The Court-Martial of Billy Mitchell
On December 17, 1925, the seven-week court-martial of World War I aviation pioneer Billy Mitchell came to an end. He was charged for his public criticism of the military in its rejection of the importance of air power.
Mitchell had planned and commanded almost 1,500 aircraft in the Battle of Saint-Mihiel during World War I and commanded all American air combat units in France. After the war, he was made assistant chief of the Army Air Service. Mitchell spoke often about the importance of air power and said it was the key to winning future wars. Mitchell’s prediction that airplanes would make naval vessels obsolete put him at odds with the Navy and War Departments. Mitchell demonstrated his point by sinking a captured German battleship in 1921. However, his boss, John J. Pershing, and the Navy dismissed the importance of the demonstration.
When Mitchell’s term as assistant air chief expired in 1925, he wasn’t reappointed. Instead, he was made the aviation officer of the Army’s Eighth Corps Area at Fort Sam Houston and reverted to colonel. Mitchell felt he had been demoted. Also in 1925, there were two navy aircraft accidents. Secretary of the Navy Curtis D. Wilbur stated these incidents showed the limitations of airpower. Mitchell was enraged by his comments and called a press conference on September 5. In a 5,000 word statement, Michell said “These accidents are the direct result of the incompetency, criminal negligence, and almost treasonable administration of the national defense by the Navy and War Departments.”
He went on to say, “All aviation policies, schemes, and systems are dictated by nonflying officers of the Army or Navy who know practically nothing about it… Officers and agents sent by the War and Navy Departments to Congress have almost always given incomplete, misleading, or false information about aeronautics.” Four days later he issued another statement, challenging the department that if they didn’t like his statement, they could take disciplinary action. But, he said, the War and Navy Departments should be investigated for “their conduct in the disgraceful administration of aviation.”
Mitchell was then called to Washington, DC, and was charged under the 96th Article of War that covered “disorders and neglects to the prejudice of good order and discipline [and] all conduct of a nature to bring discredit upon the military service.” Between his two September statements, there were eight specifications to the charge.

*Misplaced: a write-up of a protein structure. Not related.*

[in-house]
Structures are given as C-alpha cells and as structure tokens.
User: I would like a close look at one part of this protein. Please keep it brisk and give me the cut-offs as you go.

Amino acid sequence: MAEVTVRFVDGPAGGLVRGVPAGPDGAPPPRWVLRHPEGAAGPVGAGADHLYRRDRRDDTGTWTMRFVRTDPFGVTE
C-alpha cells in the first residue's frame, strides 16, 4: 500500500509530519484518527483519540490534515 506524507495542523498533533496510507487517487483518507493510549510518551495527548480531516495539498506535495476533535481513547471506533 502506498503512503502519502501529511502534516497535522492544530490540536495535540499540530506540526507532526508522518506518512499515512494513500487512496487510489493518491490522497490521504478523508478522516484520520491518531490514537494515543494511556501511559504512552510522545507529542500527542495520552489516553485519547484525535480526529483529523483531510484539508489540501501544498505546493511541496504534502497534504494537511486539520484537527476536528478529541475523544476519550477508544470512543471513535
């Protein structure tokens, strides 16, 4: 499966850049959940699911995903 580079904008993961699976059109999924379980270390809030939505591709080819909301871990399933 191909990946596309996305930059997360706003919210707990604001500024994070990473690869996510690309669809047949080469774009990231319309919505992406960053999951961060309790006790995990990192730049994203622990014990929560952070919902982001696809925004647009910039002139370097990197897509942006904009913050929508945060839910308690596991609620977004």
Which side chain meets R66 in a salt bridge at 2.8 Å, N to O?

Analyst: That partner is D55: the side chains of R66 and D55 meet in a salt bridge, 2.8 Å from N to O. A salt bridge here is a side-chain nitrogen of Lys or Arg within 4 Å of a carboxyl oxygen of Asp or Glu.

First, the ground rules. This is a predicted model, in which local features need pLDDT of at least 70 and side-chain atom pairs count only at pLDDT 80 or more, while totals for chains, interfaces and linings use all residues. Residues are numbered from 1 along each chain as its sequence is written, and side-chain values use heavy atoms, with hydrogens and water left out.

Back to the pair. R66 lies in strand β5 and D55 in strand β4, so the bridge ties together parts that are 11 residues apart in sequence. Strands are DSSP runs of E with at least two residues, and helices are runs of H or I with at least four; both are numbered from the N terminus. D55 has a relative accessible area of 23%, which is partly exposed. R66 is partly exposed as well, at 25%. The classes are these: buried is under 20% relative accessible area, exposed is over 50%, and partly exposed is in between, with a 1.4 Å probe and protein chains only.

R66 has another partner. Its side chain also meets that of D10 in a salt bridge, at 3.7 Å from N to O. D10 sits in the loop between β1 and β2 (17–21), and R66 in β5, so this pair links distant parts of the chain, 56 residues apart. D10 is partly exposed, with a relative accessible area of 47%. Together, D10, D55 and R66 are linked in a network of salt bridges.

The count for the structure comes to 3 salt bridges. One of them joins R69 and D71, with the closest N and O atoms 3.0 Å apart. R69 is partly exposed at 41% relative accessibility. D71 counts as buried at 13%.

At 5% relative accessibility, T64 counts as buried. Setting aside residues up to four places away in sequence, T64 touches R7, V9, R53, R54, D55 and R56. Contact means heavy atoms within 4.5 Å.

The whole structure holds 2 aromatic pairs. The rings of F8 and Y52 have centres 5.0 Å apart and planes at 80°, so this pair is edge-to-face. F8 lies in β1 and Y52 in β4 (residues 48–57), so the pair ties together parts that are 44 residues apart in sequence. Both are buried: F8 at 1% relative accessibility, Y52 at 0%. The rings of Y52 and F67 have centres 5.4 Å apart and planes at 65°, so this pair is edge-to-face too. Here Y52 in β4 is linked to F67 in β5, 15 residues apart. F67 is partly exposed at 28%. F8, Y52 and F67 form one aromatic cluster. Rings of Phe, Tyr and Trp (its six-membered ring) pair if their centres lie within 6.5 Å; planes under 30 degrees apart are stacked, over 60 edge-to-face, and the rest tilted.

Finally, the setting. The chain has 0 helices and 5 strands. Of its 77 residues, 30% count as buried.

Mitchell’s court-martial began on October 29. The prosecution presented its evidence on November 2, arguing that the only fact that mattered was that Mitchell made these statements. Mitchell’s defense however, planned to call 73 witnesses and present thousands of Army documents, intending to show that Mitchell’s statements were valid. They showed that Mitchell had made 163 recommendations over the past seven years, and most of them were ignored.
Among those who testified on Mitchell’s behalf were Eddie Rickenbacker, Hap Arnold, Carl Spaatz, Robert Olds, and Fiorello La Guardia. The public largely supported Mitchell. The court deliberated for three hours on December 17, 1925, and found Mitchell guilty on the charge and all specifications. They found that the validity of his statements was irrelevant, only that he had made the statements. Mitchell was suspended from rank, command, and duty, and took away his pay for five years. President Calvin Coolidge approved the conviction on January 25, but he reduced his punishment to taking half his pay. Mitchell then resigned from the Army on February 1.
Mitchell continued to speak out about the importance of air power until his death in 1936. When the Air Force became independent from the Army in 1947, it was proclaimed, “The Day Billy Mitchell Dreamed Of.” In 1955, Gary Cooper portrayed Mitchell in the film, The Court-Martial of Billy Mitchell. Then in 1956, Mitchell’s son petitioned the Air Force to overturn the court-martial, which they did in 1957. The board stated, “The conclusion is inescapable in the board’s opinion that Mitchell was tried for his views rather than a violation of Article 96.”
|FREE printable This Day in History album pages
Download a PDF of today’s article.
Get a binder or other supplies to create your This Day in History album.